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Fine quality Chinese export maritime painting

[Chinese war junk ship at sea in strong winds].
[China, ca. 1860]. 25.5 x 19 cm. (image); 41.5 x 35 cm. (frame). Oil painting on canvas, in a hand-carved and gilt wooden frame.
€ 5,000
A Chinese export painting portraying a Chinese war junk. This is an official derivative of the smugglers "fast crabs" (fei xie) known in English either as a small war junk (kuai du, literally "fast ferry"), or as a large war junk (da bingchuan, literally "large soldier boat"). The difference usually comes down to the number of oars on each side, the armament and the size of the ships company. The junk in the present painting is illustrated with twelve oars a side. The smaller kuai du were generally manned by forty to fifty deckhands and were relatively lightly armed, in this case with a small calibre forard cannon mounted in the bow and a larger starboard cannon further aft. Similar vessels were also used to transport major officials like the Hoppo (hu bu), theres a small possibility that the two Chinese characters on the green right hand flag in the painting are such officials. As to location, the left background seems to show Nei Lingding Island in the Pearl Bay in the southeastern Chinese province of Guangdong, which would make the right middle ground Lantau (whose SW end looks much like this view).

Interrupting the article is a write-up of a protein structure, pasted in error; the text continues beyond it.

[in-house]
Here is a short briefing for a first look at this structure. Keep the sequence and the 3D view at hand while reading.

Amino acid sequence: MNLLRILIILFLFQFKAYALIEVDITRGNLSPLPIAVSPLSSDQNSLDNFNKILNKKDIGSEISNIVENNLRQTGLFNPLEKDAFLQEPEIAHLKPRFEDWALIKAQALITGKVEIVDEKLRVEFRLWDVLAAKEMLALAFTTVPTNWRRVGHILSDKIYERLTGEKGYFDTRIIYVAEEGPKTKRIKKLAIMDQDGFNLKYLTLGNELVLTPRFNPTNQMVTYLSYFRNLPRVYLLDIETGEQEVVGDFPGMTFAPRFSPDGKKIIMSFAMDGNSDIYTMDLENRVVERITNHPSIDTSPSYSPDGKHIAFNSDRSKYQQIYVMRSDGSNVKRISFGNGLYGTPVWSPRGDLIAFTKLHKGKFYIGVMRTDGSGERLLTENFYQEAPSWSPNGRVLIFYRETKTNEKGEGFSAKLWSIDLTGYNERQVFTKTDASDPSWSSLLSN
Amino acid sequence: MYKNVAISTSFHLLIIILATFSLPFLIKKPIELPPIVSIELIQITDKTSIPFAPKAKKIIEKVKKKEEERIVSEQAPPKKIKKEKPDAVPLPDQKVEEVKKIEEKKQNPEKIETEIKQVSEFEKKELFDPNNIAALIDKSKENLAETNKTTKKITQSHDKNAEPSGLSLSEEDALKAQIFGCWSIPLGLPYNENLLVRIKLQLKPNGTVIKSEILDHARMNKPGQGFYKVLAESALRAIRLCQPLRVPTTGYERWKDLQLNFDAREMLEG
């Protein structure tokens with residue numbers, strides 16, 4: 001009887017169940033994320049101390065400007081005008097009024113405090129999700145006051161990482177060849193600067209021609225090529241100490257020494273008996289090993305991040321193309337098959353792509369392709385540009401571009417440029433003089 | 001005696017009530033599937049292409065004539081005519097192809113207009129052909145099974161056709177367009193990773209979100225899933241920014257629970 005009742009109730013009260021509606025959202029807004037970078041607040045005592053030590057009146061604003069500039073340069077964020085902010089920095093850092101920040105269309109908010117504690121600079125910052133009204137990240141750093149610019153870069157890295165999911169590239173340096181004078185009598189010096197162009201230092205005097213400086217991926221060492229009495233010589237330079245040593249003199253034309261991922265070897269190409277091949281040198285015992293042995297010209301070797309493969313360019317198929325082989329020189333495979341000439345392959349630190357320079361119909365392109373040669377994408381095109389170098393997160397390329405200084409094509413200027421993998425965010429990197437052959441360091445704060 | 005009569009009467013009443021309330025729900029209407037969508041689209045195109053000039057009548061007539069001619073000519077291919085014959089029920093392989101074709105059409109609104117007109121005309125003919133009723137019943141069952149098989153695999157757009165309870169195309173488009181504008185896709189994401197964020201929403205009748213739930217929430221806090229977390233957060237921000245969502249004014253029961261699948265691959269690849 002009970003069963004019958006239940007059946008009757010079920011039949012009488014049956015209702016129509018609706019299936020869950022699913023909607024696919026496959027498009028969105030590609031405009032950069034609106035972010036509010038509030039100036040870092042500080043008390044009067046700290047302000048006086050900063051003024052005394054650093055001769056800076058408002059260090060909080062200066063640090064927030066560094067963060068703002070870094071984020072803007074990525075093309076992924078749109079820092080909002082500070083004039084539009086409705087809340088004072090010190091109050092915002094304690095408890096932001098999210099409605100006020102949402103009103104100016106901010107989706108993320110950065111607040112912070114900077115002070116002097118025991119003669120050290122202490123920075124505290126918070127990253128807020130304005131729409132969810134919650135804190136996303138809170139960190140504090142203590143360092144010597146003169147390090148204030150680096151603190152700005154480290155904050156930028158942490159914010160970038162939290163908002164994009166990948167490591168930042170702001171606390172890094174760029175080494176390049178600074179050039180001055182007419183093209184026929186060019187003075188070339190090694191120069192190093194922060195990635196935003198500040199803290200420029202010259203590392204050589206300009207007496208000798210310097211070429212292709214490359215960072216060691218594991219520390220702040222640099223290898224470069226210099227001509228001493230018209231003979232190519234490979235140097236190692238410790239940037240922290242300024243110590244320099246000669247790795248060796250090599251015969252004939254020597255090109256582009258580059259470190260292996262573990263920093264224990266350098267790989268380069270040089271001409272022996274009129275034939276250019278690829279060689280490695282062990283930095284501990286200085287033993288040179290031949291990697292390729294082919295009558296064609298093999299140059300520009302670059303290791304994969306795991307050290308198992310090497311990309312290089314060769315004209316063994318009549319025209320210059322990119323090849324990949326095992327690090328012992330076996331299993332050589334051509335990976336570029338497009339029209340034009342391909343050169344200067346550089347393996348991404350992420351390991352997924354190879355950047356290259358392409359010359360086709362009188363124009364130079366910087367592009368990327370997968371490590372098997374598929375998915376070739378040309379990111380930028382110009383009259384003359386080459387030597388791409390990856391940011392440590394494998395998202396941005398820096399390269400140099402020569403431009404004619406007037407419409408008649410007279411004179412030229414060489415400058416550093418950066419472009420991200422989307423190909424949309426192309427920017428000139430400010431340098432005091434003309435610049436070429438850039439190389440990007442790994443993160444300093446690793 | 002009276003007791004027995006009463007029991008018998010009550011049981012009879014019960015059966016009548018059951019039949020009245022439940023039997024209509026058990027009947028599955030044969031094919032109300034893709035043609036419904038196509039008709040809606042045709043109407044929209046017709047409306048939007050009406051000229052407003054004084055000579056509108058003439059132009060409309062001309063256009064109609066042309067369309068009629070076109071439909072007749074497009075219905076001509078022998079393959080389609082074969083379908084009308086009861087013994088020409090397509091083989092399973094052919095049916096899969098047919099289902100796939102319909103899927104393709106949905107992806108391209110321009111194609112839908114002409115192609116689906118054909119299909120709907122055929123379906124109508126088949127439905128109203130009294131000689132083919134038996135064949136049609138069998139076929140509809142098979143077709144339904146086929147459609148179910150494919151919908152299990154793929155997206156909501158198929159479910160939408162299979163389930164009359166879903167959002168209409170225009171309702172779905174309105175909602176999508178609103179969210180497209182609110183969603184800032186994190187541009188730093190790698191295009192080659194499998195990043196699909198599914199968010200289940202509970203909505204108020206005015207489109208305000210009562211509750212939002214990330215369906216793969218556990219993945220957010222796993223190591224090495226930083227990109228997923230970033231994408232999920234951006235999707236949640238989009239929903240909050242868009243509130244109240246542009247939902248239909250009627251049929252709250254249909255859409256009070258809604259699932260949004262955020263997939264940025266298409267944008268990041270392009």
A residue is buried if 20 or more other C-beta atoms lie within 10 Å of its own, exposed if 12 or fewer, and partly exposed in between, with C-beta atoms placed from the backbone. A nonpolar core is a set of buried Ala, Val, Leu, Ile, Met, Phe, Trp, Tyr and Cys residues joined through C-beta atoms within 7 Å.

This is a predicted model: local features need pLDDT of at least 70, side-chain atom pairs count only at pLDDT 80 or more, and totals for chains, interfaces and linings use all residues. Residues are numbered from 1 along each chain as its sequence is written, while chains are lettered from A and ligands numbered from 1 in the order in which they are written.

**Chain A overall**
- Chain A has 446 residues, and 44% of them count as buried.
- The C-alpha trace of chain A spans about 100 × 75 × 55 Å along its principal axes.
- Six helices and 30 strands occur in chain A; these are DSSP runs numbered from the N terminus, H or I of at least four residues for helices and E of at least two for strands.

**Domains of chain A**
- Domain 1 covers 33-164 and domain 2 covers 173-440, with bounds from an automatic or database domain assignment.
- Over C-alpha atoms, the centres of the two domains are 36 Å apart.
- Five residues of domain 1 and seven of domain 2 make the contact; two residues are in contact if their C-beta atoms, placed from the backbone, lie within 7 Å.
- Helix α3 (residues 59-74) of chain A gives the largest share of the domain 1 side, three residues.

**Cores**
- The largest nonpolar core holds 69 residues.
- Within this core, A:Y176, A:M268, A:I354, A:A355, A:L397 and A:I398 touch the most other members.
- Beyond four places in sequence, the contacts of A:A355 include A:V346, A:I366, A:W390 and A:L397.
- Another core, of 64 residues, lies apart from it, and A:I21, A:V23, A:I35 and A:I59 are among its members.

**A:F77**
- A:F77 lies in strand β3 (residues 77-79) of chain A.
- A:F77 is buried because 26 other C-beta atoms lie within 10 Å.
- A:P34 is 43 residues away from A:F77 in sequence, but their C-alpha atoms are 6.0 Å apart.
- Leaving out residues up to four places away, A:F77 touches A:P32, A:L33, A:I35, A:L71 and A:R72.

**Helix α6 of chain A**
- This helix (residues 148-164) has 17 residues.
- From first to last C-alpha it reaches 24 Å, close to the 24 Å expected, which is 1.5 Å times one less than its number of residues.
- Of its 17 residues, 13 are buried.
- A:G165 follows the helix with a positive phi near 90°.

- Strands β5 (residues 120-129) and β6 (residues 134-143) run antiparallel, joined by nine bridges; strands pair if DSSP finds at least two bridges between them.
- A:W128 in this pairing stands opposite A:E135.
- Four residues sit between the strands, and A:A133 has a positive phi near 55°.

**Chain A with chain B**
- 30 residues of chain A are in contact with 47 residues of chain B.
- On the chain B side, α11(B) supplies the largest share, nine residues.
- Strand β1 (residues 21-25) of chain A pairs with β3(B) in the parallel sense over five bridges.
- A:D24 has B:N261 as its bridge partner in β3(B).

We thank maritime historian Dr. Stephen Davis, former director of the Hong Kong Maritime Museum, for information.
In very good condition. Cf. Ivon A. Donnelly, Chinese junks and other native craft, Hong Kong, 2008; Stephen Davies, Coasting past: the last of South China coastal trading junks, photographed by William Heering, Hong Kong Maritime Museum, 2013.
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Art, architecture & photography  >  Drawings, Prints & Watercolours
Asia  >  China | Drawings, Photographs, Prints & Watercolours
Maritime history  >  Drawings, Prints & Watercolours | Ships & Shipbuilding